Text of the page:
The dusty foliage emerges brilliantly shining and fresh. Every shower seems to bring a new spring, and the world never fails to be surprised at the renovation which succeeds the rain. There seem, indeed, to be new heavens and a new earth. The drooping evergreens lift up their tas-seled heads and take courage; to them it means life and new hope. The vines throw out their tendrils, and the Honeysuckle emits a keener perfume. The white Lilies that come to rejoice us just as the Roses are going, gleam in the twilight, tall and fair. Who falsely says that it is merely a license of the poets to mingle Roses and Lilies, since they do not blossom at the same time? With us the Irises and the white Flower de Luce linger till after the Roses are in bloom, and then, before the queen is wholly out of sight, come these stately princesses, her followers, like train-bearers of high degree, all clad in white and gold, nearest the throne, if not rivals for the highest place of all. Is it the thorns that make the Rose the royal flower, by rendering her difficult of access, and surrounding her with a bodyguard of lances? Who shall say? There are moods in which her sumptuous beauty and heavy fragrance seem less regal than the haughty, willowy grace of her rival flower, and we hesitate to choose.
And not the flowers alone rejoice in the life-giving drops, but the " sweet smale grass," refreshed and strengthened, lifts its green blades like the spear-heads of a rising army. The dusty mantle that has veiled its gentle beauty falls from it, and the wonderful variation of its tints again delights the eye. Those artists who set our teeth on edge with verdigris and arsenic floods, to represent this dearest and homeliest garment of our mother earth, seem to me never to have entered into and possessed its secret, - the secret of myriad shadows, of myriad lights, each catching a reflection from its neighbor blade, the brown earth below, the azure sky above. No greenest green of foliage low ever shocks the most sensitive vision, for Nature, truest of painters, never fails to break her colors with such subtle mixtures, that only the utmost training of eye and hand enables the artist to hint her secret upon canvas; and he who, with a palette of crude pigments of raw primary colors, seeks to render the shifting emerald of spring, the topaz of the new-mown field, or the gold of harvest, is as one who would catch the flash of the diamond, or the burning heart of the ruby, on the brush's point, and think to imprison it forever.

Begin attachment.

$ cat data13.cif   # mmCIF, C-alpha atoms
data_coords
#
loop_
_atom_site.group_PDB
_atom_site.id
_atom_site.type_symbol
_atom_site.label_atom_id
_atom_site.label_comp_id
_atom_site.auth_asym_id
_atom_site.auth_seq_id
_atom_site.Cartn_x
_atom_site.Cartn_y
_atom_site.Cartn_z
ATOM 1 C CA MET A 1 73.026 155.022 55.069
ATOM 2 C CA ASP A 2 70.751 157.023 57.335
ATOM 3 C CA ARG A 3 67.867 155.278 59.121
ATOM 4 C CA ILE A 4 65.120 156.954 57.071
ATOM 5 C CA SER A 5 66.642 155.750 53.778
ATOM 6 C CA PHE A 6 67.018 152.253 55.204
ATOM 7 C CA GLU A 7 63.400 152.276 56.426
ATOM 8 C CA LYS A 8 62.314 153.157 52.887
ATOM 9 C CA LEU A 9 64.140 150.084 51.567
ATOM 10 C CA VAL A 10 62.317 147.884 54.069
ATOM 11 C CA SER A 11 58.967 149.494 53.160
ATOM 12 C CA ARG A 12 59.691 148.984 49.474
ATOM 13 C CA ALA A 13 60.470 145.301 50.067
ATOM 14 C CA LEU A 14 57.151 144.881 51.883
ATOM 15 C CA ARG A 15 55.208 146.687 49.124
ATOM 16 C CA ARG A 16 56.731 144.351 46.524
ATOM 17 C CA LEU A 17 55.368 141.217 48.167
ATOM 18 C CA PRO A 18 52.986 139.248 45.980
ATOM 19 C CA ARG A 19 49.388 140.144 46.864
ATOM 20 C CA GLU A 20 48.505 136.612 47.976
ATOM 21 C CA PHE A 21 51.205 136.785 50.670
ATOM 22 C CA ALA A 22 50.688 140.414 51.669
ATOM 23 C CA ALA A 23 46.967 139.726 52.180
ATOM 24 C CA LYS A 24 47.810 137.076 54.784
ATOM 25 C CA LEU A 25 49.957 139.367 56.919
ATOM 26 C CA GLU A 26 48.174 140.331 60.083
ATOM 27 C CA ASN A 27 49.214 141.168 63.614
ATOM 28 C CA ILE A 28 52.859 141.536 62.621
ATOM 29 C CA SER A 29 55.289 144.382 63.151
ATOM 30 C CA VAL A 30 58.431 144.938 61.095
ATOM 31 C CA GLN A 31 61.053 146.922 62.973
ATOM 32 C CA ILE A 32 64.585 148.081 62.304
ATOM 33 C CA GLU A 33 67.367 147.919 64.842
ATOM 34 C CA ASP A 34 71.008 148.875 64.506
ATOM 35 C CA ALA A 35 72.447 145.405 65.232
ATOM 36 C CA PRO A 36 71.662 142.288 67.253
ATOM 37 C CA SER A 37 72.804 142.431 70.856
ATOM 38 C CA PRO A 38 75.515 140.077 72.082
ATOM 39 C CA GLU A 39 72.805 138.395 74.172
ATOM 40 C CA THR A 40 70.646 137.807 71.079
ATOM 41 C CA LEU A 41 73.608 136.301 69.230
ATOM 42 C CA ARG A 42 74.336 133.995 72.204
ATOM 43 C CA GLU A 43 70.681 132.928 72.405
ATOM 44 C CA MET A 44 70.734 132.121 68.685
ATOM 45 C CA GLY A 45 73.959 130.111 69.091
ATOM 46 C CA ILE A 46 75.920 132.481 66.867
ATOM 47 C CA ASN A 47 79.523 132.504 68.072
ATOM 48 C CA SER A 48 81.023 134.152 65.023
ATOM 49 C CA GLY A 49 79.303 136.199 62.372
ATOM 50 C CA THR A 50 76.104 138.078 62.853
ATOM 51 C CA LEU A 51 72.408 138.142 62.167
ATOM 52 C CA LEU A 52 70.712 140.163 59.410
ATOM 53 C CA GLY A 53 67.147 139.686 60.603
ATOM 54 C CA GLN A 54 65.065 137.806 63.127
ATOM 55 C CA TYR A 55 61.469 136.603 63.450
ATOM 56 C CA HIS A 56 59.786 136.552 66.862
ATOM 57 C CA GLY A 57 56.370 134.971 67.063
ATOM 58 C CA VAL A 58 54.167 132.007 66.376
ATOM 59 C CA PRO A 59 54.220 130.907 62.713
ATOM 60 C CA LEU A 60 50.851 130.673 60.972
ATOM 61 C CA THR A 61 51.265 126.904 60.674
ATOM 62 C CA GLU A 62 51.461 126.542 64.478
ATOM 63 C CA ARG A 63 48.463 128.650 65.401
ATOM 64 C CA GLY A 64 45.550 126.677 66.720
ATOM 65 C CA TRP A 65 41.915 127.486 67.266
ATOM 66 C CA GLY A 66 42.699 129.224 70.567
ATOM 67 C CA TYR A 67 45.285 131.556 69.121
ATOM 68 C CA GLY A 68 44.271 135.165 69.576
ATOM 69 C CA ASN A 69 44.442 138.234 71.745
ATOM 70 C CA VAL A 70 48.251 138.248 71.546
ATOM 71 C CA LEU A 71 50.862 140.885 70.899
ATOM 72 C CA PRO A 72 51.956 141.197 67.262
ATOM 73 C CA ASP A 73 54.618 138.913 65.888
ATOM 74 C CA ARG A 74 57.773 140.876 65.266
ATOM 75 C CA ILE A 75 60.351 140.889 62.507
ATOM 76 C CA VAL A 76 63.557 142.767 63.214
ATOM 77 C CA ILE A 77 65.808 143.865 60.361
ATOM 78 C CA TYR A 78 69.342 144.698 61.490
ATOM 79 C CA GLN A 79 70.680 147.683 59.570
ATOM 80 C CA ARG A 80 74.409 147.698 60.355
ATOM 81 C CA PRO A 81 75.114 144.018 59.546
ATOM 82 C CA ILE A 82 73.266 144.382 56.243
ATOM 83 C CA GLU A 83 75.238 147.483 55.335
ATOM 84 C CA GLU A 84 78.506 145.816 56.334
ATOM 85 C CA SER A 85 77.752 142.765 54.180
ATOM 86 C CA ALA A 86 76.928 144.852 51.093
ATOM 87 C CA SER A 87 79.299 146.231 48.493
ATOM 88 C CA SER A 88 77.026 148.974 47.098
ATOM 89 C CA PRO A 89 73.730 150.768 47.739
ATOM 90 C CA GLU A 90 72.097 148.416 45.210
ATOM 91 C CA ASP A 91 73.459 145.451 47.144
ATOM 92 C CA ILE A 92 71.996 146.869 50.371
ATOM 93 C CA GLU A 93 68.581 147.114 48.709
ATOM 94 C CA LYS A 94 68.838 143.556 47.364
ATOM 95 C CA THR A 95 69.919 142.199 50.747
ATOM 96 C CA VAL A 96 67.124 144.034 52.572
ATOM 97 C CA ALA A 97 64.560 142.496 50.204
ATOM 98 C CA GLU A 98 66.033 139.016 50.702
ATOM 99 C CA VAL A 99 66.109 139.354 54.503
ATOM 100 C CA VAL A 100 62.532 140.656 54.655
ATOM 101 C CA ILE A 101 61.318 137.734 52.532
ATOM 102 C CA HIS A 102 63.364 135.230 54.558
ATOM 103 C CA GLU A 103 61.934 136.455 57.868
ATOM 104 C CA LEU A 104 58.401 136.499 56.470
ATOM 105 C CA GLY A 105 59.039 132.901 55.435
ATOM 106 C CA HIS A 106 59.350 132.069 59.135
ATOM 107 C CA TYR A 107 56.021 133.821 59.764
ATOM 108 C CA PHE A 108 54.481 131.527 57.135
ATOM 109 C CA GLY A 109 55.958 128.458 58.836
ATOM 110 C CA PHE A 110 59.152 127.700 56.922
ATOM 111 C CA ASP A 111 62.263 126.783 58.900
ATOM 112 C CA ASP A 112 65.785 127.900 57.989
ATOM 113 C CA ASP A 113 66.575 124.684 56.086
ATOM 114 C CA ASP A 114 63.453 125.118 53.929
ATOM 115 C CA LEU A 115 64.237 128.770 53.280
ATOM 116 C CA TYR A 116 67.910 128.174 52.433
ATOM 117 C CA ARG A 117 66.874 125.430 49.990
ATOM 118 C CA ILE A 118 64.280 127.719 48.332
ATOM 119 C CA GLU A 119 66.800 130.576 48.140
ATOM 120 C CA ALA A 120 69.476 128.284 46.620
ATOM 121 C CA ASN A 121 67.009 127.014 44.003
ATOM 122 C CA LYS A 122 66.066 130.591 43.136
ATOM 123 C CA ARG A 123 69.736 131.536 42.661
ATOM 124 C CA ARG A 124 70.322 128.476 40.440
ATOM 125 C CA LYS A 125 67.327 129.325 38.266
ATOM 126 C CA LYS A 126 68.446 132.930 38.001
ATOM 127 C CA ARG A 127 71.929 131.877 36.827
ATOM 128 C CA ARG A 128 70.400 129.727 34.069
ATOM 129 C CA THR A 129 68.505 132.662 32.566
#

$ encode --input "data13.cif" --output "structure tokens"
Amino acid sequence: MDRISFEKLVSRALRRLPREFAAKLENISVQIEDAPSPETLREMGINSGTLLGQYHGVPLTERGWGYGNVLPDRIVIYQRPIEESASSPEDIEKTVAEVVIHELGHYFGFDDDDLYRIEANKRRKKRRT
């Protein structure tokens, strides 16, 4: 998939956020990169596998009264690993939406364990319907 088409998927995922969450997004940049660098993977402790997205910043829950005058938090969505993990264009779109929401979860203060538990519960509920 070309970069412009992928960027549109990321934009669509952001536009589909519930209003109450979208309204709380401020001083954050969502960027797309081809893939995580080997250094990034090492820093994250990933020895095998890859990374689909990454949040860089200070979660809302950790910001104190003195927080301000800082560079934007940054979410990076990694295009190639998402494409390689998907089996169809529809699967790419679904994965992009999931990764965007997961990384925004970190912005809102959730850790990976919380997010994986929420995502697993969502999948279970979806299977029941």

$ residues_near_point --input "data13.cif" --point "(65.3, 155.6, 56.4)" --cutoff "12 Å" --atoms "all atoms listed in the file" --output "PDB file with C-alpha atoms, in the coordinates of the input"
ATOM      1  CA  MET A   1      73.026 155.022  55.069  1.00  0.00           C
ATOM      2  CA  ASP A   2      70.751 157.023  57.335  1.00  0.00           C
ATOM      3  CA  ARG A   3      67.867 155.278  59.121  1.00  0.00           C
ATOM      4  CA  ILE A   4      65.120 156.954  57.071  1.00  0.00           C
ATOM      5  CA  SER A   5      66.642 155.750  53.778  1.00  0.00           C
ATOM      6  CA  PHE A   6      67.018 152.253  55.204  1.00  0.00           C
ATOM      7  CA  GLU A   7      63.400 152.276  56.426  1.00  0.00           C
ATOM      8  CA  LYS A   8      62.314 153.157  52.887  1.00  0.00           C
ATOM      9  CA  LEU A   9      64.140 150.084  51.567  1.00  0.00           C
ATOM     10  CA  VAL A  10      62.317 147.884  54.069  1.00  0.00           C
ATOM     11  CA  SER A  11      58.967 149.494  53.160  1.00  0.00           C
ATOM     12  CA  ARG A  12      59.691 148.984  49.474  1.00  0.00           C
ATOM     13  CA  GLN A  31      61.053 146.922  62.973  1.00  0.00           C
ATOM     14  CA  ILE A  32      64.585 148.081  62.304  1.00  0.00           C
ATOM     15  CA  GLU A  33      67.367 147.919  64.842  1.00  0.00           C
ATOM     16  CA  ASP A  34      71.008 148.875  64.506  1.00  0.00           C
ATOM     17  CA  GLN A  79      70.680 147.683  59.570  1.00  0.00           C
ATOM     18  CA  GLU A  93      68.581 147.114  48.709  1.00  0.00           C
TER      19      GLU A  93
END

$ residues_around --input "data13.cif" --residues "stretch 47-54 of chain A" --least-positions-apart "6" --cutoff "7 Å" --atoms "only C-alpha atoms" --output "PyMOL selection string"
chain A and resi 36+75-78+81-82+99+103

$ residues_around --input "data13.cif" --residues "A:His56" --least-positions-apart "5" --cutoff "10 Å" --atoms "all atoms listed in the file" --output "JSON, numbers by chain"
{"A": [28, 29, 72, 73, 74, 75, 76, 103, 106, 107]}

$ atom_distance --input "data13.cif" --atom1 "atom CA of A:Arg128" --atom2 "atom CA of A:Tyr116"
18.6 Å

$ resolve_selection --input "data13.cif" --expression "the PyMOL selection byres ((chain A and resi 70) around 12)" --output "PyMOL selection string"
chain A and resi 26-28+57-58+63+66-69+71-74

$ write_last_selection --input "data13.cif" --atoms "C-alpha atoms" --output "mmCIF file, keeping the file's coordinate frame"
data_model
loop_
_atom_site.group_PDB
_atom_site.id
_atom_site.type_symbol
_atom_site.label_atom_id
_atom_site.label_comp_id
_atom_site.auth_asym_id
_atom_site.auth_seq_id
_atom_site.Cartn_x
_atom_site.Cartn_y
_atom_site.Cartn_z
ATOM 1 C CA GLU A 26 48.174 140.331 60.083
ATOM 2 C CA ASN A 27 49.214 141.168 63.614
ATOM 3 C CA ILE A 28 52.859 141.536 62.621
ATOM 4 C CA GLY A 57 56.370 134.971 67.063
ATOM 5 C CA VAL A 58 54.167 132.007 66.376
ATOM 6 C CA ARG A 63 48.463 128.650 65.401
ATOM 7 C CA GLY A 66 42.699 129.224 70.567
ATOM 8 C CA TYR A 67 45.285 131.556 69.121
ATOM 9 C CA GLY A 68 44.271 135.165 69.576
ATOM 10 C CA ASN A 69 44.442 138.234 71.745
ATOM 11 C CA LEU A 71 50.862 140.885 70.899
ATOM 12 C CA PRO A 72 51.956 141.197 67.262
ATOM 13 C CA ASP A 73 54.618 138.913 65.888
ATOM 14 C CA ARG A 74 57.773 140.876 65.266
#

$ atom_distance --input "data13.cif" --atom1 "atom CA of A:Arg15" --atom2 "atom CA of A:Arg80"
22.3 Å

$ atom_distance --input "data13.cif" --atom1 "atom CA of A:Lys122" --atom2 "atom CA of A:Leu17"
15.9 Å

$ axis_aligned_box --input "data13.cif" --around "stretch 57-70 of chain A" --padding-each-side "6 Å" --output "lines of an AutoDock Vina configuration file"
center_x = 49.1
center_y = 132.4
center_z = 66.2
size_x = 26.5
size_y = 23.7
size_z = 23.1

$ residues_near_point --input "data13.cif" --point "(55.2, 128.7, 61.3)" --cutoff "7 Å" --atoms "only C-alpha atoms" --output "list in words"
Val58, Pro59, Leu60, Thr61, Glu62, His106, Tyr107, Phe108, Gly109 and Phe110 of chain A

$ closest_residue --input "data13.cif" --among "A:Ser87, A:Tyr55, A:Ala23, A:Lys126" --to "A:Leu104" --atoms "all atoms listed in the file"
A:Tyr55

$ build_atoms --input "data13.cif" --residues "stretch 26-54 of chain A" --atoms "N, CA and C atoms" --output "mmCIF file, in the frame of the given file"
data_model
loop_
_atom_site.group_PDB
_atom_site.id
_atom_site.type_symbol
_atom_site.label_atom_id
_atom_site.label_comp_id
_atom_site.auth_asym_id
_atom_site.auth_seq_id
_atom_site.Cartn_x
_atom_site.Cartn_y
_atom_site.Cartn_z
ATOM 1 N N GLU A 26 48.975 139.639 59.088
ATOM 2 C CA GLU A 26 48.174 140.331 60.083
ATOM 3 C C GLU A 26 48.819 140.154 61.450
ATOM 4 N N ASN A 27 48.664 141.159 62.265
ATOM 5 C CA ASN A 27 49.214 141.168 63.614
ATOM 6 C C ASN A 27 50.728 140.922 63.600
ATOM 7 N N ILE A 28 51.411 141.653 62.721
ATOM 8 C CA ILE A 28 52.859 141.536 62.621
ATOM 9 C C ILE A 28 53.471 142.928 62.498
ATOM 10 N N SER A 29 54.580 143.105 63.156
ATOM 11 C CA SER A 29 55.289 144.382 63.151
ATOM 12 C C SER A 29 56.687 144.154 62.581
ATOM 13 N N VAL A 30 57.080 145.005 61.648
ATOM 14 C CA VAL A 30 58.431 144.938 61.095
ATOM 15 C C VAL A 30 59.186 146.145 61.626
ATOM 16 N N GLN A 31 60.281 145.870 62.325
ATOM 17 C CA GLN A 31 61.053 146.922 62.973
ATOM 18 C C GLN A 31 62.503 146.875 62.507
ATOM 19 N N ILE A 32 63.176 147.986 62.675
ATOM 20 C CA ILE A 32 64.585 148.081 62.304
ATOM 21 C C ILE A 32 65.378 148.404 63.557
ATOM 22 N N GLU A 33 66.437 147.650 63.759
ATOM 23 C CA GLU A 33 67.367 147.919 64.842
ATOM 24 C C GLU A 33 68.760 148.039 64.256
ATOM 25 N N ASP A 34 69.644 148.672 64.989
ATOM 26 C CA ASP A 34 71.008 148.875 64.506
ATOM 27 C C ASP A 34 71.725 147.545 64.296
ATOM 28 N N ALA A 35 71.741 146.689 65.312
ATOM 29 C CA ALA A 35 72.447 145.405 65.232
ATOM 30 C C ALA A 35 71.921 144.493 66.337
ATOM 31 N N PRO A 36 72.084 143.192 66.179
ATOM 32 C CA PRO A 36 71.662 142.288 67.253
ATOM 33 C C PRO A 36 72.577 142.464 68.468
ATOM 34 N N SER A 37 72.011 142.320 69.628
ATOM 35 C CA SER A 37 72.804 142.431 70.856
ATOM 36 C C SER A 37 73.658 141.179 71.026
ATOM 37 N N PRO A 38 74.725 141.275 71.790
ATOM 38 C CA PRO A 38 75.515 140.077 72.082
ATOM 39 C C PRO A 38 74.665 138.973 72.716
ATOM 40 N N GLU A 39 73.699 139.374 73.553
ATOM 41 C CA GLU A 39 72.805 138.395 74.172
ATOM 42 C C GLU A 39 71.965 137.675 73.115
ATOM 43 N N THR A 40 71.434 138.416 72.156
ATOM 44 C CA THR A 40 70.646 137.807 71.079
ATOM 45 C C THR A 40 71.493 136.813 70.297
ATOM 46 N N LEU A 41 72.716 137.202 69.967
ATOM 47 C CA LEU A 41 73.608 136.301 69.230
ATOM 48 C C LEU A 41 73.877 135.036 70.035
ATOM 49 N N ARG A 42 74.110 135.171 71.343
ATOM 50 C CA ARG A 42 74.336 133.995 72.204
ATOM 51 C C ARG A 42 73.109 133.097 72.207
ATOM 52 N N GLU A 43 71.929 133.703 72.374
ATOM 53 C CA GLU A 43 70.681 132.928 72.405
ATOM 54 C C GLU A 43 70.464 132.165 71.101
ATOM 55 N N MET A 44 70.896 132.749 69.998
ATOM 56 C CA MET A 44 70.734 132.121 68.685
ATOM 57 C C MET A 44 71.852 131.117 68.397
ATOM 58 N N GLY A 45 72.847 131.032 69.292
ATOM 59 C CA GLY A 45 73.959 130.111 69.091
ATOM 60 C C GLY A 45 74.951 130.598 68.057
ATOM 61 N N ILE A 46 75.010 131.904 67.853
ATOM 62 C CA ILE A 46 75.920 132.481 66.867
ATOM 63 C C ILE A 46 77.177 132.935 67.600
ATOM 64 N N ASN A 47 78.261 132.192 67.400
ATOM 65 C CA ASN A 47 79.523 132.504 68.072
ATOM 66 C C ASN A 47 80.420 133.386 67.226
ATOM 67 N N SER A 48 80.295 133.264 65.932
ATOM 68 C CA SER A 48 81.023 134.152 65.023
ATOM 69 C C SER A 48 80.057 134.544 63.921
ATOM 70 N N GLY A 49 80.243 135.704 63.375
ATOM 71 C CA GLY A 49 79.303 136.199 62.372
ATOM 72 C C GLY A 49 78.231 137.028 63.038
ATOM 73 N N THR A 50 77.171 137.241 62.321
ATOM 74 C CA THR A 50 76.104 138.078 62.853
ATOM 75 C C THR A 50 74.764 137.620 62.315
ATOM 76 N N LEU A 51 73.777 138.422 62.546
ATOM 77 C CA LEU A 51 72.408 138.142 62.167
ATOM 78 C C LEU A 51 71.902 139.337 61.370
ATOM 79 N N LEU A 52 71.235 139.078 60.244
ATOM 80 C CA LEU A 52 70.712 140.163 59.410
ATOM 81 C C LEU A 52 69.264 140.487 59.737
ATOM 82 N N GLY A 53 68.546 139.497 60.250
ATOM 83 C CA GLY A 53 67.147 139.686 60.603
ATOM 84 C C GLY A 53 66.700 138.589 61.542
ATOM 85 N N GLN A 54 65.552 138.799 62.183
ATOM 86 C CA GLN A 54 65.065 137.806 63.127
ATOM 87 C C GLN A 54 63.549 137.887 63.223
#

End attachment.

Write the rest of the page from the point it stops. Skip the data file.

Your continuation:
There are some lines of Matthew Arnold that a wet garden always brings to mind, in which the poet has truly caught the spirit of the fragrant scene. None but a frequenter and true lover of gardens could, in a few words, have thus pictured the mingled dismay and hope with which one views his garden-plot after a rain has both distressed and refreshed it: -
So, some tempestuous morn in early June, When the year's primal burst of bloom is o'er,
Before the roses and the longest day -
When garden-walks, and all the grassy floor.
With blossoms, red and white, of fallen May, And Chestnut-flowers are strewn.
So have I heard the cuckoo! parting cry. From the wet field through the vext garden trees,
Come, with the volleying rain and tossing,
The bloom is gone, and with the bloom go I!
Too quick despairer, wherefore wilt thou go? Soon will the high Midsummer pomps come on.
Soon will the musk carnations break and swell, Soon shall we have gold-dusted snapdragon.
Sweet-william with his homely cottage smell. And stocks in fragrant blow; Roses that down the alleys shine afar.
And open, jasmine-nraffled lattices.
And groups under the dreaming garden trees, And the full moon, and the white evening star.